And I have felt A presence that disturbs me with the joy Of elevated thoughts; a sense sublime Of something far more deeply interfused, Whose dwelling is the light of setting suns, And the round ocean and the living air, And the blue sky, and in the mind of man; A motion and a spirit, that impels 0 All thinking things, all objects of all thought, And rolls through all things. Therefore am I still A lover of the meadows and the woods, And mountains; and of all that we behold From this green earth; of all the mighty world Of eye, and ear,--both what they half create, And what perceive; well pleased to recognise In nature and the language of the sense, The anchor of my purest thoughts, the nurse, The guide, the guardian of my heart, and soul Of all my moral being.

Nor perchance, If I were not thus taught, should I the more Suffer my genial spirits to decay: For thou art with me here upon the banks Of this fair river; thou my dearest Friend, My dear, dear Friend; and in thy voice I catch The language of my former heart, and read My former pleasures in the shooting lights Of thy wild eyes.

Therefore let the moon Shine on thee in thy solitary walk; And let the misty mountain-winds be free To blow against thee: Nor, perchance-- If I should be where I no more can hear Thy voice, nor catch from thy wild eyes these gleams Of past existence--wilt thou then forget That on the banks of this delightful stream We stood together; and that I, so long A worshipper of Nature, hither came Unwearied in that service: Nor wilt thou then forget, That after many wanderings, many years Of absence, these steep woods and lofty cliffs, And this green pastoral landscape, were to me More dear, both for themselves and for thy sake!

Twinkling with delight in the house twinkling with the moonlight, Bless my baby bless my baby bright,. Gertrude Stein - http: Comment The Yellow Gas The yellow gas is fired from street to street past rows of heartless homes and hearths unlit, dead churches, and the unending pavement beat by crowds - say rather, haggard shades that flit Round nightly haunts of their delusive dream, where'er our paradisal instinct starves: Ay, we had saved our days and kept them whole, to whom no part in our old joy remains, had felt those bright winds sweeping thro' our soul and all the keen sea tumbling in our veins, Had thrill'd to harps of sunrise, when the height whitens, and dawn dissolves in virgin tears, or caught, across the hush'd ambrosial night, the choral music of the swinging spheres, Or drunk the silence if nought else - But no!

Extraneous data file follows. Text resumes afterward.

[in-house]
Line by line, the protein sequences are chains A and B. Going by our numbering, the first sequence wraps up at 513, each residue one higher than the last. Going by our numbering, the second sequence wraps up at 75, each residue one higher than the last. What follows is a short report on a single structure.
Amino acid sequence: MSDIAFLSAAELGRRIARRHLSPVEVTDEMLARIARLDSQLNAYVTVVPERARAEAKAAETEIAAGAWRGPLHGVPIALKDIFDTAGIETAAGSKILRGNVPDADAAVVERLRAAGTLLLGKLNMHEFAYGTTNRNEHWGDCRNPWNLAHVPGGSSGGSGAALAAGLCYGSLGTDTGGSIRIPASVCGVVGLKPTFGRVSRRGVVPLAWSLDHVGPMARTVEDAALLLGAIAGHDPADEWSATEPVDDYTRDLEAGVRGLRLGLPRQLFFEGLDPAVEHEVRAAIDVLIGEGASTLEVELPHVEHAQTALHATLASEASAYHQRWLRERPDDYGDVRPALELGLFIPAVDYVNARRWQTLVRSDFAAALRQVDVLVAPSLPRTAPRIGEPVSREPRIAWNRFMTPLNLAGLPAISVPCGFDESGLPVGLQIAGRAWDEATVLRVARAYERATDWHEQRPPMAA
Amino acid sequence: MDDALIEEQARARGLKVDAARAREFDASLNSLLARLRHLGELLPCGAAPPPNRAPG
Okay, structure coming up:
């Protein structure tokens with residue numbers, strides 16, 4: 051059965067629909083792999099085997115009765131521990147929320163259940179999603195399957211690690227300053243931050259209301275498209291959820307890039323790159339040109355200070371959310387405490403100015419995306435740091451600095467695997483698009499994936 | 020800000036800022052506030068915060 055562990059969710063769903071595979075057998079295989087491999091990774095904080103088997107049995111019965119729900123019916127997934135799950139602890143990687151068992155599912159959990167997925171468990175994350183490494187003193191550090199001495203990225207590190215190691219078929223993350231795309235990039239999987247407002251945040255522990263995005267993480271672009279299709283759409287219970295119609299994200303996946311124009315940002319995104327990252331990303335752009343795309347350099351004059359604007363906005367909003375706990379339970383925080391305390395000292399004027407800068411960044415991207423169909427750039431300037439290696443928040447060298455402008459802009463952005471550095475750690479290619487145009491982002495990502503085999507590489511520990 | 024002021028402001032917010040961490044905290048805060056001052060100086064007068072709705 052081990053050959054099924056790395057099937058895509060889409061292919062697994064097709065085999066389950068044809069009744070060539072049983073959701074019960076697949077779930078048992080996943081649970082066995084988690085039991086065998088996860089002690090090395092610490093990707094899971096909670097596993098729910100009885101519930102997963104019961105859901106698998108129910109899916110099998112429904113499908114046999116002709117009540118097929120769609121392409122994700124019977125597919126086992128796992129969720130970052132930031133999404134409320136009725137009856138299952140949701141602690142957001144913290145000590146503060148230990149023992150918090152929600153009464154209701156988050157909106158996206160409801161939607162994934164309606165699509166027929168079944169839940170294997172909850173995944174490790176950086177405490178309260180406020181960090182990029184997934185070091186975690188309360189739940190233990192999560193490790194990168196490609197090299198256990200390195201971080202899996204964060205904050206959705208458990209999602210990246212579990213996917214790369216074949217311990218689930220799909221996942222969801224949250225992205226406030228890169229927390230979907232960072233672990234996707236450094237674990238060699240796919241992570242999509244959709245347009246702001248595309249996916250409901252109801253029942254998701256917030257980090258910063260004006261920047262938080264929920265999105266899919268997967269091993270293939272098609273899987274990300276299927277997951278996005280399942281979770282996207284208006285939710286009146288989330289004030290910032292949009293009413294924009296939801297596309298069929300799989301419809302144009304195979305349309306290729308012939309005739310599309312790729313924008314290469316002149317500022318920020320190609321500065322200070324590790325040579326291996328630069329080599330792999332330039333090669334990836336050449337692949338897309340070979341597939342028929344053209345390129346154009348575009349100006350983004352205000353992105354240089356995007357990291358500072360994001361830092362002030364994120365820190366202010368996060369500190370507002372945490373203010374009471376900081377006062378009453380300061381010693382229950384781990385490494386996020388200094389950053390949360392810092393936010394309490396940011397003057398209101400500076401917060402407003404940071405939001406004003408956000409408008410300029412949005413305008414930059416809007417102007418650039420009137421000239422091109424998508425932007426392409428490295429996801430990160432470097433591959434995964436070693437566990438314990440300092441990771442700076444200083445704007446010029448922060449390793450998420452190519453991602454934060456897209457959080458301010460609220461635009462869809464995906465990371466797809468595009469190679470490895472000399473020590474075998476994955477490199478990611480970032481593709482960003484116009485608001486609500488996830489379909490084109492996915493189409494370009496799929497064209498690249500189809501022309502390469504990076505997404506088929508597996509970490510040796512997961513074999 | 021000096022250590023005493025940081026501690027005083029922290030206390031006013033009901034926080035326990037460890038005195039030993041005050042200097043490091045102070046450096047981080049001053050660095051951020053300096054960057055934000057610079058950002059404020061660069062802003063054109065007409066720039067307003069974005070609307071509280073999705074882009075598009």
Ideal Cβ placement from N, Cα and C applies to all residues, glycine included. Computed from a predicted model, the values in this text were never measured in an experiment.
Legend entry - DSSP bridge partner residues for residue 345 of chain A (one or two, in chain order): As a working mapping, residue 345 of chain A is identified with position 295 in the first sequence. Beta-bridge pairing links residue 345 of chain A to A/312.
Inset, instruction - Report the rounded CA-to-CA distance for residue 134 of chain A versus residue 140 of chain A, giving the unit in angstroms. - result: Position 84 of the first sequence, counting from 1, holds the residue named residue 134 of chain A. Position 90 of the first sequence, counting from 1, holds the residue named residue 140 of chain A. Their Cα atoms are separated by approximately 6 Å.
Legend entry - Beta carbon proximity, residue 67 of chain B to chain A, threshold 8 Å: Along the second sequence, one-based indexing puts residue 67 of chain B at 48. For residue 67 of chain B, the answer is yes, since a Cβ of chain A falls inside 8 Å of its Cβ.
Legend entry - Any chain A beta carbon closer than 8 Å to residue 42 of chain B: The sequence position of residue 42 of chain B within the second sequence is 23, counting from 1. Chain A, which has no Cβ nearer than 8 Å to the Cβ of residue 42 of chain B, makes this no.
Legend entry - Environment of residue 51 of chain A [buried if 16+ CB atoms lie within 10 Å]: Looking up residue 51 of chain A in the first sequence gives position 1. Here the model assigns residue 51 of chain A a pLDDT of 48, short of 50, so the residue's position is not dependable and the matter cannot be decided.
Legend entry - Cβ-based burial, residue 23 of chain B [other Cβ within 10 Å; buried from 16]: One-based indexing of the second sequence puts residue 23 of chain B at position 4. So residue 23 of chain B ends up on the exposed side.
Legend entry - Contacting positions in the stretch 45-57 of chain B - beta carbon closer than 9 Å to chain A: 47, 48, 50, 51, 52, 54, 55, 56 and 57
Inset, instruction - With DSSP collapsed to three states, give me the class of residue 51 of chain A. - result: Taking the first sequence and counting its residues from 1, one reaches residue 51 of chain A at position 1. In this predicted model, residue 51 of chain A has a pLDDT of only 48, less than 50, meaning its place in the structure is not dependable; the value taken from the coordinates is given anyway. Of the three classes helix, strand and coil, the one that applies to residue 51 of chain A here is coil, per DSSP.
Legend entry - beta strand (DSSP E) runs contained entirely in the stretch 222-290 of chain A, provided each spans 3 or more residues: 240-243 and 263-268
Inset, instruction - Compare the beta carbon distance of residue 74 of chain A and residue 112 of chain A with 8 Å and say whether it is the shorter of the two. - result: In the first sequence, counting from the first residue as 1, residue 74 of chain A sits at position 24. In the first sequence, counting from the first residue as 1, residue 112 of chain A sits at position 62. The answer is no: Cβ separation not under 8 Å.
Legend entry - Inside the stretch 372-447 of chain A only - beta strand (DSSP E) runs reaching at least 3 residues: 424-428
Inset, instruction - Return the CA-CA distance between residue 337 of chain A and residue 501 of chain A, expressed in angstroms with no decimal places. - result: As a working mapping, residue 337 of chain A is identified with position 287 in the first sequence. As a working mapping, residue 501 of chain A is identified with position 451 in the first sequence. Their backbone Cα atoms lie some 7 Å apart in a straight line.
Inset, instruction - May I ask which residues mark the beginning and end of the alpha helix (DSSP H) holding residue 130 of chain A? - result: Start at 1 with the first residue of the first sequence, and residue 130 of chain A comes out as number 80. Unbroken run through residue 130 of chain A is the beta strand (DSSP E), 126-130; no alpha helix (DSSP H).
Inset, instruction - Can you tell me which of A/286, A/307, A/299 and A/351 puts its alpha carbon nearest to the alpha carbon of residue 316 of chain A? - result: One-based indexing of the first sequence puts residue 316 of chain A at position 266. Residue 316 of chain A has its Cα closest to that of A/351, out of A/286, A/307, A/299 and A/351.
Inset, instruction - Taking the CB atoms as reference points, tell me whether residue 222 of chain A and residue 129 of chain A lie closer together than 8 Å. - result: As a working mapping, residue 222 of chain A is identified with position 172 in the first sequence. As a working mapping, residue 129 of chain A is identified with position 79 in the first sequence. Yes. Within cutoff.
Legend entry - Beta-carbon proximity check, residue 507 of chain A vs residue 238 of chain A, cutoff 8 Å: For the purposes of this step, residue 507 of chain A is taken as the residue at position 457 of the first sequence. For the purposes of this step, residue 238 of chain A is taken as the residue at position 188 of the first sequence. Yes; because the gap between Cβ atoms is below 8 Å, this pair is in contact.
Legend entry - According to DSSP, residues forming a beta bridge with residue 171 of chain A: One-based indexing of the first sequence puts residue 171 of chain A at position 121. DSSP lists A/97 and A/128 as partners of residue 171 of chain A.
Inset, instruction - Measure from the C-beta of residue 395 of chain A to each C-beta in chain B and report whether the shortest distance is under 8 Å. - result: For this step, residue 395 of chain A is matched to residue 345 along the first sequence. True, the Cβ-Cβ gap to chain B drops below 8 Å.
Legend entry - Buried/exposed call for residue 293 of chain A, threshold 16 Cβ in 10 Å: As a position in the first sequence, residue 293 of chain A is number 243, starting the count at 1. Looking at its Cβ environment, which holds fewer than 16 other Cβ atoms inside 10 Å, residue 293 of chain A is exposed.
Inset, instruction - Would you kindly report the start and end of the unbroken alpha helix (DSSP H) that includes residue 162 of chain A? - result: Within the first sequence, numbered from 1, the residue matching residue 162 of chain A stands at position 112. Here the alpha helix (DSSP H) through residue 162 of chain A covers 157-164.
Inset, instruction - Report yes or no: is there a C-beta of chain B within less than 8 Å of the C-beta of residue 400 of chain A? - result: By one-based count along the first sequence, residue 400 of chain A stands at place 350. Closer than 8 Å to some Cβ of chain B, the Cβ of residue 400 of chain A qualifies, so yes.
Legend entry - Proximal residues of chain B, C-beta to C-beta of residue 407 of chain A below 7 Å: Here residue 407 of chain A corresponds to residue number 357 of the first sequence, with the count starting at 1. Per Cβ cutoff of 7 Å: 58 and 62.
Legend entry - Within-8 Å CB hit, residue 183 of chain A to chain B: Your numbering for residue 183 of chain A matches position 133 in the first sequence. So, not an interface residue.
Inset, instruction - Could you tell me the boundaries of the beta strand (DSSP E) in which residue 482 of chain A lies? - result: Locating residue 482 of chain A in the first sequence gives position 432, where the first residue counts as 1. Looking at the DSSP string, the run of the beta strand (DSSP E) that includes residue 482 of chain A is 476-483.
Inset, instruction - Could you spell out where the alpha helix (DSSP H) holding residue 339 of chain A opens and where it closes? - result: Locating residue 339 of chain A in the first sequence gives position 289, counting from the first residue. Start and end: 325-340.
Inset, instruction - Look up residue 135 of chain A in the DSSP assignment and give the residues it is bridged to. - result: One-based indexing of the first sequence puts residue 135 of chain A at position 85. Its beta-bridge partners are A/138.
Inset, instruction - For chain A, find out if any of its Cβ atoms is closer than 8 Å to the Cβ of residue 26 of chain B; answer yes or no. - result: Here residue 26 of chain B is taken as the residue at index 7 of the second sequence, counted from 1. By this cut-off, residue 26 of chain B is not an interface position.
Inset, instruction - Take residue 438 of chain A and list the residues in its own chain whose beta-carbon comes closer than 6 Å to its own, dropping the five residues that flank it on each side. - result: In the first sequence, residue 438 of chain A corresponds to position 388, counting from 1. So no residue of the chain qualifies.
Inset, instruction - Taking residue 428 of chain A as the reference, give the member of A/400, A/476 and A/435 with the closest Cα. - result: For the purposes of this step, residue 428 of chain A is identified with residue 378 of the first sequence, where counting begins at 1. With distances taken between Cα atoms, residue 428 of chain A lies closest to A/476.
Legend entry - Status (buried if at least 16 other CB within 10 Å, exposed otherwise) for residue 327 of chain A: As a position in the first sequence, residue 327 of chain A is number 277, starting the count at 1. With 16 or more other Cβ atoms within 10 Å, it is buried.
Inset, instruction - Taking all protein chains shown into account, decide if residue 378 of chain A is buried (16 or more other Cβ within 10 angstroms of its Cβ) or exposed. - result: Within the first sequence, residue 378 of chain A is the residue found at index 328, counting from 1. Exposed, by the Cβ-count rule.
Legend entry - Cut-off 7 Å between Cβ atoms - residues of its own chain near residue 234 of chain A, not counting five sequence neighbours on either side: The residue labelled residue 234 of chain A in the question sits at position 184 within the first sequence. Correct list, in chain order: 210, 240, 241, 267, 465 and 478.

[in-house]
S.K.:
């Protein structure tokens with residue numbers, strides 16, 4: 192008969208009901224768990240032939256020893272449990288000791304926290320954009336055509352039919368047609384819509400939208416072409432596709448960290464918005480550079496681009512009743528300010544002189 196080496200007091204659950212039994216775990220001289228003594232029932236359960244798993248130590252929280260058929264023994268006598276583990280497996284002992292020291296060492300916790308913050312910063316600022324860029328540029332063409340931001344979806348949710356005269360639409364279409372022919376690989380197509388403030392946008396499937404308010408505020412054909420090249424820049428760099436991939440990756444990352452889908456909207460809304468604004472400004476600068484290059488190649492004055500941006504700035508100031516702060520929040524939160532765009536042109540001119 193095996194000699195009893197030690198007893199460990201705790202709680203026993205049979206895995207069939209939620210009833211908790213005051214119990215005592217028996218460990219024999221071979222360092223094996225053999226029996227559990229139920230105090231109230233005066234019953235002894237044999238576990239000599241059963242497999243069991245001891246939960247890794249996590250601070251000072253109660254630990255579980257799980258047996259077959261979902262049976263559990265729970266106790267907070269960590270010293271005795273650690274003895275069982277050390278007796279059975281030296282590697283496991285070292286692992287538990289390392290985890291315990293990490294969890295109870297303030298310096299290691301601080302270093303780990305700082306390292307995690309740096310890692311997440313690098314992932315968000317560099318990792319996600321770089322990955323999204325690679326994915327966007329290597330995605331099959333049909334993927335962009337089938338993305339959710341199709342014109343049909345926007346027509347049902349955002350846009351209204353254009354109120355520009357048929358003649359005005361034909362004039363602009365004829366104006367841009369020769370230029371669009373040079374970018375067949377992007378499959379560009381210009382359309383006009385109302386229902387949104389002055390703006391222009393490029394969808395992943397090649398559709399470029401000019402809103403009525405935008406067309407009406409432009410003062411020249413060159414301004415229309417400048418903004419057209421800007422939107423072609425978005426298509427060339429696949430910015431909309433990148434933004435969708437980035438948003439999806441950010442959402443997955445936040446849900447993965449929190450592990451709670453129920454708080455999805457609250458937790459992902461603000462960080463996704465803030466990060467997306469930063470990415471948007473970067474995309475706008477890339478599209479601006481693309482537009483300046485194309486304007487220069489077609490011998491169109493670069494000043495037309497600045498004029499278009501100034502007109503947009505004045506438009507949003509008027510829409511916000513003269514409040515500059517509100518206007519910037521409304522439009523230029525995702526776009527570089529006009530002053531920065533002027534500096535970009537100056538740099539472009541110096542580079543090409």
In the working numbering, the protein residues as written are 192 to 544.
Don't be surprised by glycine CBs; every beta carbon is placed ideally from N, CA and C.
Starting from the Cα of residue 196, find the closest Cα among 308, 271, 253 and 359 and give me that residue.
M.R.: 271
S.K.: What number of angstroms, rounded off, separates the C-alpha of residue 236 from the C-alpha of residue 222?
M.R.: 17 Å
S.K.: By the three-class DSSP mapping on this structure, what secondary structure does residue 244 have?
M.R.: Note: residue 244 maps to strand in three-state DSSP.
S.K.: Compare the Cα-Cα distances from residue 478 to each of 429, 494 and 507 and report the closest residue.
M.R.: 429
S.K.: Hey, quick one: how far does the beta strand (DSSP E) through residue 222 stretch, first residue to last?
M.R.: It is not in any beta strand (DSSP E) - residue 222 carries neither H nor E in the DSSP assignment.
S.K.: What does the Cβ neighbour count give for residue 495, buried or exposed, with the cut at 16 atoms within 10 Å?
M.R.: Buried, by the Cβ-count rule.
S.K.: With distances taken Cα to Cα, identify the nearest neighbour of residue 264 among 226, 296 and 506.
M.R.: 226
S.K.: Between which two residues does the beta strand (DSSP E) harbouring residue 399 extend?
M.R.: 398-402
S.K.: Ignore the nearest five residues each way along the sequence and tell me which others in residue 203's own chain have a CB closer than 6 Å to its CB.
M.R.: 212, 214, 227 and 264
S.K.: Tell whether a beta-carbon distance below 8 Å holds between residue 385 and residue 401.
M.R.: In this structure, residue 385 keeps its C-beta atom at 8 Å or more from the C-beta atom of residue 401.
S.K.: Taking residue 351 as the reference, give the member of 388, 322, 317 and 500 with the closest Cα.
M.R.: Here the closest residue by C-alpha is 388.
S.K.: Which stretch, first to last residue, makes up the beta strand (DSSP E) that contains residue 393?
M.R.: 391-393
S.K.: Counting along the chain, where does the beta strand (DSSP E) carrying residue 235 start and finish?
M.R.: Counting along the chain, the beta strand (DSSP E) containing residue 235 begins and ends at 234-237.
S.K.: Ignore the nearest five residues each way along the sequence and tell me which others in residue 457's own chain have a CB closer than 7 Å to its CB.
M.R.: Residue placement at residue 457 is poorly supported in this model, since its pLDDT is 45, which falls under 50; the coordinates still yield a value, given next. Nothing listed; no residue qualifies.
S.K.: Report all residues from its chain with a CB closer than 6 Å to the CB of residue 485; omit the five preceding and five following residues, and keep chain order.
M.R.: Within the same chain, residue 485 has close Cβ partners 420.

I only pray, red flame or deluge, may that end be soon! Christopher Brennan — Seele des Menschen, wie gleichst du dem Wasser! Schicksal des Menschen, wie gleichst du dem Wind! Goethe Meine Seele;- http: Comment Rose is a rose is a rose is a rose Gertrude Stein. In garb, then, resembling Some gay gondolier, I'll whisper thee, trembling, "Our bark, love, is near: Ein Schifferkleid trag' ich Zur selbigen Zeit, Und zitternd dir sag' ich: Ferdinand von Freiligrath — Comment Weil es gerade so gut passt: Leg deinen Schatten auf die Sonnenuhren, und auf den Fluren lass die Winde los.

Wer jetzt kein Haus hat, baut sich keines mehr. Comment Das Reden nimmt kein End' 1. Zu Frankfurt an dem Main — Uns soll geholfen sein. Zu Frankfurt an dem Main — Bald zieht der Kaiser ein. Zu Frankfurt an dem Main — So schlag' der Teufel d'rein! Die Welt sie steht in Flammen, Sie sitzen noch beisammen. Wie lange soll es dauern Das Parla — Parla — Parlament? O Volk mach' ihm ein End'!

Your summer's reign was grand. Beshadow now the dials of your sun and let your winds run rough across the land. The latest fruits command to fill and shine: For them, let two more warmer days arrive to push them to perfection and to drive the final sweetness in the heavy wine. The man without a house will build no more, the man without a mate will sole remain, will wake, will read, write letters long with pain and walk the boulevards, restless to the core, where falling leaves are drifting with the rain.

Translation by Walter A. The summer was immense. Let thine shadows upon the sundials fall, and unleash the winds upon the open fields. Command the last fruits into fullness; give them just two more ripe, southern days, urge them into completion and press the last bit of sweetness into the heavy wine. He who has no house now, will no longer build.